Forum for Science, Industry and Business

Sponsored by:     3M 
Search our Site:

 

Control methane now, greenhouse gas expert warns

15.05.2014

As the shale gas boom continues, the atmosphere receives more methane, adding to Earth’s greenhouse gas problem. Robert Howarth, greenhouse gas expert and ecology and environmental biology professor, fears that we may not be many years away from an environmental tipping point – and disaster.

“We have to control methane immediately, and natural gas is the largest methane pollution source in the United States,” said Howarth, who explains in an upcoming journal article that Earth may reach the point of no return if average global temperatures rise by 1.5 to 2 degrees Celsius in future decades.

“If we hit a climate-system tipping point because of methane, our carbon dioxide problem is immaterial. We have to get a handle on methane, or increasingly risk global catastrophe.”

Howarth’s study, “A Bridge to Nowhere: Methane Emissions and the Greenhouse Gas Footprint of Natural Gas,” will be published May 20 in the journal Energy Science and Engineering.

Natural gas – that once seemingly promising link between the era of oil and coal to the serenity of sustainable solar, wind and water power – is a major source of atmospheric methane, due to widespread leaks as well as purposeful venting of gas. Howarth points to “radiative forcing,” a measure of trapped heat in Earth’s atmosphere from man-made greenhouse gases.

The current role of methane looms large, he says, contributing over 40 percent of current radiative forcing from all greenhouse gases, based on the latest science from the Intergovernmental Panel on Climate Change.

The role of methane as a driver of global warming is even more critical than this 40 percent value might indicate, Howarth notes. The climate system responds much more quickly to reducing methane than to carbon dioxide.

If society aggressively controlled carbon dioxide emissions, but ignored methane emissions, the planet would warm to the dangerous 1.5 to 2.0 degree Celsius threshold within 15 to 35 years. By reducing methane emissions, society buys some critical decades of lower temperatures.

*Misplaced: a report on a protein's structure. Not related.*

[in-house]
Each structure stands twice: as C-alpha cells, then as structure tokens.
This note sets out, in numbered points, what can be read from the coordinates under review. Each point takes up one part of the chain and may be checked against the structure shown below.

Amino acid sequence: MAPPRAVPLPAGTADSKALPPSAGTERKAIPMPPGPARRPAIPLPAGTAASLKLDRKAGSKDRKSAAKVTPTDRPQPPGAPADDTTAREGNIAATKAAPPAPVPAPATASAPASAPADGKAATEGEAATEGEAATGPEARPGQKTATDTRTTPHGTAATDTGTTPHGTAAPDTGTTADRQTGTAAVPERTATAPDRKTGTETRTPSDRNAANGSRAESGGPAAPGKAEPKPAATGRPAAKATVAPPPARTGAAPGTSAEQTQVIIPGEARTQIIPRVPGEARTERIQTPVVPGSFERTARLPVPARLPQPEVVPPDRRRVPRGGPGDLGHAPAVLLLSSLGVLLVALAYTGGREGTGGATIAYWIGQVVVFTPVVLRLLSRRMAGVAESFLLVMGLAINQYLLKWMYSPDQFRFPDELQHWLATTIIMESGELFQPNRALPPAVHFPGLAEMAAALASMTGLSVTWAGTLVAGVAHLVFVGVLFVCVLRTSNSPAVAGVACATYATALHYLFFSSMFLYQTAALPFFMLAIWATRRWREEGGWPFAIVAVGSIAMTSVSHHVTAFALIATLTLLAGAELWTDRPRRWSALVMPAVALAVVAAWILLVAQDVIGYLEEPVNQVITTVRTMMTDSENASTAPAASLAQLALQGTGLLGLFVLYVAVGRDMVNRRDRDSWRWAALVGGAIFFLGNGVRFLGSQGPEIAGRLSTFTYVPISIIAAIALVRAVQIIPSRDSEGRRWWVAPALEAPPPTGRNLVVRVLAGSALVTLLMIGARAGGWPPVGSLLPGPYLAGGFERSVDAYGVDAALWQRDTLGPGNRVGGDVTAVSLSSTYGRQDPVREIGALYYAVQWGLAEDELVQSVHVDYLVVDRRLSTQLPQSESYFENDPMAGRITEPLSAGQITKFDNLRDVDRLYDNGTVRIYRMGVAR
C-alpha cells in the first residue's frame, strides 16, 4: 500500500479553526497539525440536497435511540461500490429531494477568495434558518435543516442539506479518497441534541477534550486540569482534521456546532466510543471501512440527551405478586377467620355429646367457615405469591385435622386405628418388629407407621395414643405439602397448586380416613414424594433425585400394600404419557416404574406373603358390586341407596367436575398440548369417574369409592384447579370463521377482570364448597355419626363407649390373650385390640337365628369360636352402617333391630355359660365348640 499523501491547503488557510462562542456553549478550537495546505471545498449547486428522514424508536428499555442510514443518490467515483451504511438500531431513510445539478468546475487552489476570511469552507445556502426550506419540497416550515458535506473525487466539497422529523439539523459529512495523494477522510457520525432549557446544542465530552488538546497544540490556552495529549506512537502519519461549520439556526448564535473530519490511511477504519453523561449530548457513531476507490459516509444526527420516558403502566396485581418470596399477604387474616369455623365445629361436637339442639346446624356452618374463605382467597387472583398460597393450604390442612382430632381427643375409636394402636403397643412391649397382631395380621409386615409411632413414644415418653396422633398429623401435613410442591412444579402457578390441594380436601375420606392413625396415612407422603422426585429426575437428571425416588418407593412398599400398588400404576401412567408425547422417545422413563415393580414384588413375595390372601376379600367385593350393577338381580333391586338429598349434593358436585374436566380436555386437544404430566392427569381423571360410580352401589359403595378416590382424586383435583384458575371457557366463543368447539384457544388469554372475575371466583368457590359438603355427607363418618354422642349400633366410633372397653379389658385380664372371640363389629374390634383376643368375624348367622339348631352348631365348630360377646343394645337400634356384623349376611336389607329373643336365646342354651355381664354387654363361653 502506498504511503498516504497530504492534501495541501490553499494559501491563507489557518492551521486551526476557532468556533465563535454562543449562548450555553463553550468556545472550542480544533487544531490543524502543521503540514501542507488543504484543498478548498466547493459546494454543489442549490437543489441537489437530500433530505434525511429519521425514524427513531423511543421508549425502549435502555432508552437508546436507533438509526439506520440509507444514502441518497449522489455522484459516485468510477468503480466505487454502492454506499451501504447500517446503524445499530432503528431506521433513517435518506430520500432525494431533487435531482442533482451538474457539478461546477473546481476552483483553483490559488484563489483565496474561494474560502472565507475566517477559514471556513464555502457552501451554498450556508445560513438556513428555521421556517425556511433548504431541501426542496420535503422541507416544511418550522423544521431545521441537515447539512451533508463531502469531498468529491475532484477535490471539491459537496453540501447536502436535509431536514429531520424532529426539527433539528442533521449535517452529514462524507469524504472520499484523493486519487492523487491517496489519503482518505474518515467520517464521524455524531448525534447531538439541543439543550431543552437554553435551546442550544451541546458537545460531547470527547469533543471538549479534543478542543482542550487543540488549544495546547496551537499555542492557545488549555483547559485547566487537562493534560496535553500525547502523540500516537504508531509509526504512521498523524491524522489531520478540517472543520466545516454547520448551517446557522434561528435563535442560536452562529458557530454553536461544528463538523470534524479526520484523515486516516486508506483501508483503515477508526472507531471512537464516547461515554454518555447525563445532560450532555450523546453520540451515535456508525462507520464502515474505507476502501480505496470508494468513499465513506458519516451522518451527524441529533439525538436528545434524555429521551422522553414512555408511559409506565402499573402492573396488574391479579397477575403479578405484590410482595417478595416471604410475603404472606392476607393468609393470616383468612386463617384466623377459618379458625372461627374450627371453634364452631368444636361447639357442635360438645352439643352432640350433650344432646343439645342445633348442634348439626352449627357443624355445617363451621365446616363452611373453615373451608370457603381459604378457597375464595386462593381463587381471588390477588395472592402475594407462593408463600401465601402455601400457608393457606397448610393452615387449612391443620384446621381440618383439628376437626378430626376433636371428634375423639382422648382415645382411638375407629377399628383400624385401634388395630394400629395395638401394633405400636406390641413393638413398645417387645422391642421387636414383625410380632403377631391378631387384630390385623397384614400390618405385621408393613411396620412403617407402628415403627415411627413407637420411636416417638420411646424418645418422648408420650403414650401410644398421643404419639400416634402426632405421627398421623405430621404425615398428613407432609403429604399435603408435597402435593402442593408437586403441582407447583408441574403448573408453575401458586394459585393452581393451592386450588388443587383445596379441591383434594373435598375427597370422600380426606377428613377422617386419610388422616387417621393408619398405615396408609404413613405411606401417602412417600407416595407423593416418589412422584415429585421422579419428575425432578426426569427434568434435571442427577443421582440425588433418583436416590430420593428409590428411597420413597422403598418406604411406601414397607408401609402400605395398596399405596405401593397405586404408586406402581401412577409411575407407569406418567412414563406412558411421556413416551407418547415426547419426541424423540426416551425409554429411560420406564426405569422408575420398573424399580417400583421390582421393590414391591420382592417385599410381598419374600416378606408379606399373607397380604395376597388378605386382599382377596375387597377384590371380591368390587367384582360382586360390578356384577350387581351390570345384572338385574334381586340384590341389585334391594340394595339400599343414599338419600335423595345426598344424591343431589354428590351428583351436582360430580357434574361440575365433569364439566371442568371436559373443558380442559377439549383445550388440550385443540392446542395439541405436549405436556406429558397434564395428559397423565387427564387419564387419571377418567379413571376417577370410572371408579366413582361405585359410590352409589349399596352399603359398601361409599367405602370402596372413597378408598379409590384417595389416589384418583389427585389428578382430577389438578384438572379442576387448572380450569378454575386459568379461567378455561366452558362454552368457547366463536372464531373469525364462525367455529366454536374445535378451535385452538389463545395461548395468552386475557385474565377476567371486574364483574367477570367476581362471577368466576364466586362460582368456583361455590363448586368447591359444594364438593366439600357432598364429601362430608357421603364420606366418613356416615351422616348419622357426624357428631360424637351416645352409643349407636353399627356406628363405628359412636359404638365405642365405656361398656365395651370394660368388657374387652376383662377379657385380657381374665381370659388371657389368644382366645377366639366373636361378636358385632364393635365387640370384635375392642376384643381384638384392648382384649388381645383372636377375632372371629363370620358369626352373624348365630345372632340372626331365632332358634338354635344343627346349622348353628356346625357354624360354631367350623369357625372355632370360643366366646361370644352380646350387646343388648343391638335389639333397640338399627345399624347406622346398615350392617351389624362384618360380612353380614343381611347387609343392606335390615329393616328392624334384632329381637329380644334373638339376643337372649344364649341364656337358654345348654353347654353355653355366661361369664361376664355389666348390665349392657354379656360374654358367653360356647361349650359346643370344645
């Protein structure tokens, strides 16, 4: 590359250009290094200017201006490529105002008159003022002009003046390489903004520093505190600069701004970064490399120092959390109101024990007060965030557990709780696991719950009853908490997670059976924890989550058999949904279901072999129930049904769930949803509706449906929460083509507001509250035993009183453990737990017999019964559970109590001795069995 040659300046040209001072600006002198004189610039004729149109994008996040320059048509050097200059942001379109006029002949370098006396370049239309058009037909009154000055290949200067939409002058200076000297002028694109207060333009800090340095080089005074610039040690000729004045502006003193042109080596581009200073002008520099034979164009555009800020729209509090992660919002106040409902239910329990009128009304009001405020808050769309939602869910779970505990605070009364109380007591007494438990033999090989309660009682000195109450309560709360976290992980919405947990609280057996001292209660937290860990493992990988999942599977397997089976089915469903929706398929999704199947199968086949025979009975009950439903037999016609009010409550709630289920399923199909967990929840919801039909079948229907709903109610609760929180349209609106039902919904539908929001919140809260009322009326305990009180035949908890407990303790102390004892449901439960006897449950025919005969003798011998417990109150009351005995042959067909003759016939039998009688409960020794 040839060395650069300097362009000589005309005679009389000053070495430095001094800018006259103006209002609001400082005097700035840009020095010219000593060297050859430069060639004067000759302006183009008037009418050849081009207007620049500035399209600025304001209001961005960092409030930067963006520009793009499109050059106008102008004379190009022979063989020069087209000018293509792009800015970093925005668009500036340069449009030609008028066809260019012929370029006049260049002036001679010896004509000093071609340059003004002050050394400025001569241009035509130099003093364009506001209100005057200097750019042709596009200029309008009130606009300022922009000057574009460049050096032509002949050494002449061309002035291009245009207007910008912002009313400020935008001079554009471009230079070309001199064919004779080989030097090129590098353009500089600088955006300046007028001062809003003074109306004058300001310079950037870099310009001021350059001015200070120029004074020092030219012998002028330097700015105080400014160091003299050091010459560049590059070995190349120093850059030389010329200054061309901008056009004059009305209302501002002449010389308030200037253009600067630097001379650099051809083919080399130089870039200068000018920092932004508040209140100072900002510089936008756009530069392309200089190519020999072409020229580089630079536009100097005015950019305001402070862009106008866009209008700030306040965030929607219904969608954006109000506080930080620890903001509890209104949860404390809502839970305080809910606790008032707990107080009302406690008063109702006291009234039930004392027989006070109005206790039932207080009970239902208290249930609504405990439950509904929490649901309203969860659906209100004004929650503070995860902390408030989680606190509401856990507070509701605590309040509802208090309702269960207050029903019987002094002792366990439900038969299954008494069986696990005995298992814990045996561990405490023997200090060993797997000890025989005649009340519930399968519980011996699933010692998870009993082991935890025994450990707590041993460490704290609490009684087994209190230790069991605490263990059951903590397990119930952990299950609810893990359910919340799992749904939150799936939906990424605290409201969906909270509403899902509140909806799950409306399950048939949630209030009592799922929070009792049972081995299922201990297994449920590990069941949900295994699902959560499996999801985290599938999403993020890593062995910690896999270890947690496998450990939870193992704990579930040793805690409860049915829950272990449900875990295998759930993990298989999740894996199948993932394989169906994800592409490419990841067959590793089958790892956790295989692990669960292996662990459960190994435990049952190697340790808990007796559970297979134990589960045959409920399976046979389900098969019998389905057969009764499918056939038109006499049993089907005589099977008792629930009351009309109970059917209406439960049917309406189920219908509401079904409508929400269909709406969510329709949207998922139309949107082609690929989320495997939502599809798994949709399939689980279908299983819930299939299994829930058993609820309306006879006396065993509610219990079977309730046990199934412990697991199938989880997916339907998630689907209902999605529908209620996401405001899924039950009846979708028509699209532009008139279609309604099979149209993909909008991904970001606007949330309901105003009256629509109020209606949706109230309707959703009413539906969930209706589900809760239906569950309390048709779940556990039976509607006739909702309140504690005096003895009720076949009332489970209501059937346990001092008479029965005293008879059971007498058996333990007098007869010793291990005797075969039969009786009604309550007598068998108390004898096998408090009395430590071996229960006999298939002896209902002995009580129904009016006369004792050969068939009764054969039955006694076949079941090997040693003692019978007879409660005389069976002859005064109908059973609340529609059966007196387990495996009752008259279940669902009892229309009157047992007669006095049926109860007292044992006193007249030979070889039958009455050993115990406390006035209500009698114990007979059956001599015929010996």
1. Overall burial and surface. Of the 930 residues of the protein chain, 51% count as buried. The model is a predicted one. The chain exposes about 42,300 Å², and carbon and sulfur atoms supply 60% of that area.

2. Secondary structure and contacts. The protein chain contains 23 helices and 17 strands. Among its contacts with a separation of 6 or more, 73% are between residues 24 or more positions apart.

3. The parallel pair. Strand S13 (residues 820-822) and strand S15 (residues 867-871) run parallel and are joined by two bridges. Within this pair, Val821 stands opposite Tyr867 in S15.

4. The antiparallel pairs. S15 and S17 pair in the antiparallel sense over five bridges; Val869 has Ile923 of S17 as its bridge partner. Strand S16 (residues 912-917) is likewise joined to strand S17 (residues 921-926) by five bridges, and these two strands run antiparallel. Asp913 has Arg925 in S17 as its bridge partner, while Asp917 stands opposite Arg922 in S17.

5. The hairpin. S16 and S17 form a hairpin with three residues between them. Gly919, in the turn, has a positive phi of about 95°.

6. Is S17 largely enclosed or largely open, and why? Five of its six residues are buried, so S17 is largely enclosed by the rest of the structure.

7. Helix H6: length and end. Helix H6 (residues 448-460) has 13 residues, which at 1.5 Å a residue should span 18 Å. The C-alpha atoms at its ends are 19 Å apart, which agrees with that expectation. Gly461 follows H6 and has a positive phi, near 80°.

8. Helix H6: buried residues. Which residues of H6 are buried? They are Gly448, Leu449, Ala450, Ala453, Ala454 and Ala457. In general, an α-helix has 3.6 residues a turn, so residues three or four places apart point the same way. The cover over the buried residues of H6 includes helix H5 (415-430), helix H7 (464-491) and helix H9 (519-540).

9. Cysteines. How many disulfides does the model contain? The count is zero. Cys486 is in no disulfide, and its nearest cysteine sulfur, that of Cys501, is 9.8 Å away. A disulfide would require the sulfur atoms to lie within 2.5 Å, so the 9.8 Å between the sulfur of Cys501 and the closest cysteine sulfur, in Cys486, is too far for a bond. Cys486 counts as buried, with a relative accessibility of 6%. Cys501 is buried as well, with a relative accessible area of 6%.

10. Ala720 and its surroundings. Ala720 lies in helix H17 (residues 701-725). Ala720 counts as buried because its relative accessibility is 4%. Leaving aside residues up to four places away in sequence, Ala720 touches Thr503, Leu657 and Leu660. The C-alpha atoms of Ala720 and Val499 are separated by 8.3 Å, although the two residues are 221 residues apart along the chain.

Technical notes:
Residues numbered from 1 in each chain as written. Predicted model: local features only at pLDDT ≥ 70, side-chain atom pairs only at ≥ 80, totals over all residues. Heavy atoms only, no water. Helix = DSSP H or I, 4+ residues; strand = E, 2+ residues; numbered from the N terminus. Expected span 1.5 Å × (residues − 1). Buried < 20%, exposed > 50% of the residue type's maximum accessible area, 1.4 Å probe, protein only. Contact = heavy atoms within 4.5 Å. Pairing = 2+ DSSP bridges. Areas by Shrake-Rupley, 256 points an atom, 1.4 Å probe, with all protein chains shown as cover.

“Society needs to wean itself from the addiction to fossil fuels as quickly as possible,” Howarth said. “But to replace some fossil fuels – coal, oil – with another, like natural gas, will not suffice as an approach to take on global warming. Rather, we should embrace the technologies of the 21st century and convert our energy systems to ones that rely on wind, solar and water power.” 

Cornell University has television, ISDN and dedicated Skype/Google+ Hangout studios available for media interviews. For additional information, see this Cornell Chronicle story.

Melissa Osgood | Eurek Alert!
Further information:
http://mediarelations.cornell.edu/2014/05/14/control-methane-now-greenhouse-gas-expert-warns/

Further reports about: Earth Footprint Methane Skype dioxide emissions explains fuels gases greenhouse television temperatures

More articles from Ecology, The Environment and Conservation:

nachricht Europe shows that humans and large predators can share the same landscape
19.12.2014 | Schwedischer Forschungsrat - The Swedish Research Council

nachricht Microplastics in the ocean: biologists study effects on marine animals
19.12.2014 | Alfred-Wegener-Institut, Helmholtz-Zentrum für Polar- und Meeresforschung

All articles from Ecology, The Environment and Conservation >>>

The most recent press releases about innovation >>>

Anzeige

Anzeige

Event News

Value chain driven development of rural areas in Eastern Europe

22.12.2014 | Event News

Smart Cities

08.12.2014 | Event News

European Polymer Congress 2015 in Dresden/Germany

01.12.2014 | Event News

 
Latest News

Coral Reveals Long-Term Link Between Pacific Winds, Global Climate

22.12.2014 | Earth Sciences

First Direct Evidence that a Mysterious Phase of Matter Competes with High-Temperature Superconductivity

22.12.2014 | Materials Sciences

Yellowstone's Thermal Springs -- Their Colors Unveiled

22.12.2014 | Physics and Astronomy

VideoLinks
B2B-VideoLinks
More VideoLinks >>>